The next day we had the morning to play with before our flight and I was really up for going to the War Remnants Museum. I’ve always been interested in wars which I find quite a weird thing to be interested in as they cause tragedy for so many people. There are many museums and war museums around Vietnam but I’d read that this was the best one and I was hoping to learn more about the infamous Vietnam war that I knew very little about. Sadly, it turns out that it shuts for siesta from 12-1.30 so we had to power through it in just over an hour but I could have spent hours there. I learned a little bit more about Vietnam’s war history in the first room and saw how much The USA was involved in supplying troops and weaponry. Yet somehow there was nothing telling me how or why the Vietnam war started and how or why The USA got involved.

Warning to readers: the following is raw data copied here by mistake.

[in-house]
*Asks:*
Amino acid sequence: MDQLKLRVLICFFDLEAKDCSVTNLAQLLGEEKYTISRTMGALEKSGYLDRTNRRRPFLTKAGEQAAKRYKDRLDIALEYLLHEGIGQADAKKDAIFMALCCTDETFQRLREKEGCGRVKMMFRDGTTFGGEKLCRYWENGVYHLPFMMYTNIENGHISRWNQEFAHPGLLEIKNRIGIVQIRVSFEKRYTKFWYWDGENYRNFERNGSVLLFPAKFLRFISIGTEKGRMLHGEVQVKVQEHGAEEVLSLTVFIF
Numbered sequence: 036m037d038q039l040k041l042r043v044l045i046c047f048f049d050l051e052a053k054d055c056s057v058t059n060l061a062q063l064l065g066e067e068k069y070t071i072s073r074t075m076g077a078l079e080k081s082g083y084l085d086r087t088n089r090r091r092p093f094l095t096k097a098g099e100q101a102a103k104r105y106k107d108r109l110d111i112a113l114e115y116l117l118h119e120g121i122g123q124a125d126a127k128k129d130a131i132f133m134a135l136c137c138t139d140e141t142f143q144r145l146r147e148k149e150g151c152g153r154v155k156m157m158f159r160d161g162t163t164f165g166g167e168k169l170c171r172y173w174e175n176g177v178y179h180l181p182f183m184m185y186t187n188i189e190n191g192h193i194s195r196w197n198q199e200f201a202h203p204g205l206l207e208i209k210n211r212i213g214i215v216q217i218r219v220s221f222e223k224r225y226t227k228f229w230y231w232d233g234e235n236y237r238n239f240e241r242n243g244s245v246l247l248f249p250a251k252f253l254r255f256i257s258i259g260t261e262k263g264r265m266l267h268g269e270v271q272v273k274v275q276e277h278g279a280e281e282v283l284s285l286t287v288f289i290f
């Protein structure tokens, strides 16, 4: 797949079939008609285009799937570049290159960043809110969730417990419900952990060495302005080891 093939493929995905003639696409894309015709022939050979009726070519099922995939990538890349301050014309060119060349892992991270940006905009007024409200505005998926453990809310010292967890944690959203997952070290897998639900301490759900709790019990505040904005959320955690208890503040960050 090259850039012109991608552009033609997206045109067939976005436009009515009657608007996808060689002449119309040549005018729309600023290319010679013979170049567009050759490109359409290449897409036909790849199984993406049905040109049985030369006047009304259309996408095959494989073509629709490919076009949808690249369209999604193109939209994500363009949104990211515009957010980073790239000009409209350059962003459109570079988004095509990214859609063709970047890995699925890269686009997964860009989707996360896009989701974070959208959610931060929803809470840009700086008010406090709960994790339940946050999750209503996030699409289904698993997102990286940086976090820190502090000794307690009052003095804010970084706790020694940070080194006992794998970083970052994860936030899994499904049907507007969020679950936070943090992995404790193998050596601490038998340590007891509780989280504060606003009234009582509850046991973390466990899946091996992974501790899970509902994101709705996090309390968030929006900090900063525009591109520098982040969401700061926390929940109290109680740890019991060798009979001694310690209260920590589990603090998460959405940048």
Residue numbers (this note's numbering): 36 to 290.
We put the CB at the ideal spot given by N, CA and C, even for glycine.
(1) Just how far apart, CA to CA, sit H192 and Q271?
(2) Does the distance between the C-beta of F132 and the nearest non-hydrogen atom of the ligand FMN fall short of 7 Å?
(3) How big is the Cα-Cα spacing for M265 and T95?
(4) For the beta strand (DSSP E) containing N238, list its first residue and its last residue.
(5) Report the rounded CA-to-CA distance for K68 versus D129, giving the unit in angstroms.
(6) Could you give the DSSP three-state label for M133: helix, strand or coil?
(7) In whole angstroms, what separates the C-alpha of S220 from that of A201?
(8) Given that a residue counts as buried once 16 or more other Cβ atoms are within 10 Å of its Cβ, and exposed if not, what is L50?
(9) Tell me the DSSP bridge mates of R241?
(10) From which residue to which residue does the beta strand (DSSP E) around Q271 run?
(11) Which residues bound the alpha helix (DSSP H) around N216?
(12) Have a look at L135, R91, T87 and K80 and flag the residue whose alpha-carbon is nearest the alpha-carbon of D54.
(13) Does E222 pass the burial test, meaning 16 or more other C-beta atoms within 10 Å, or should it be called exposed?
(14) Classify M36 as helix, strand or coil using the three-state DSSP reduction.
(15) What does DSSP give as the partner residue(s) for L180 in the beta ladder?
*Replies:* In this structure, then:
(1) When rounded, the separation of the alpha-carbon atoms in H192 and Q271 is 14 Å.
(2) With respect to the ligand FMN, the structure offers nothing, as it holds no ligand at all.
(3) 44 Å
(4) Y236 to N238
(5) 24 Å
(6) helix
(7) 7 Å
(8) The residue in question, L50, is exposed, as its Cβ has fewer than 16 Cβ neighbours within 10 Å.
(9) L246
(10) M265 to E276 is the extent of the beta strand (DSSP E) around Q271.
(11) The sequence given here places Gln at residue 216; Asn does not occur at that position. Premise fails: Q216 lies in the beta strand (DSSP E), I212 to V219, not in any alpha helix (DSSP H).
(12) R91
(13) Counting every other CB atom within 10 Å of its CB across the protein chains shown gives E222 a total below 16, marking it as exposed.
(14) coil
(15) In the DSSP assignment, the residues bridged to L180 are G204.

The next two rooms we went in were photo galleries. They are well put together collections of war photos from 133 photographers from all over the world. At the beginning, someone is quoted for saying that war photographers are heroes too because they show the common person things that they can’t even imagine. Photos document the horrors caused by humans and warn us in the future.
The photos showed a wide variety of things like portraits of the photographers before being killed at war, vehicles like tanks and helicopters and soldiers using the large guns etc. There were also a lot of pictures that I would describe as being worse than those in the S-21 museum in Phnom Penh. There were men being tortured, village people after being massacred and pictures of people who had been hit by land mines. One picture in particular I don’t think I will ever forget and I don’t know how to describe how mutilated this body was. Of course there was the famous picture of American troops chasing children out of their village with a girl in the middle, naked because her skin was burning from the Digoxin.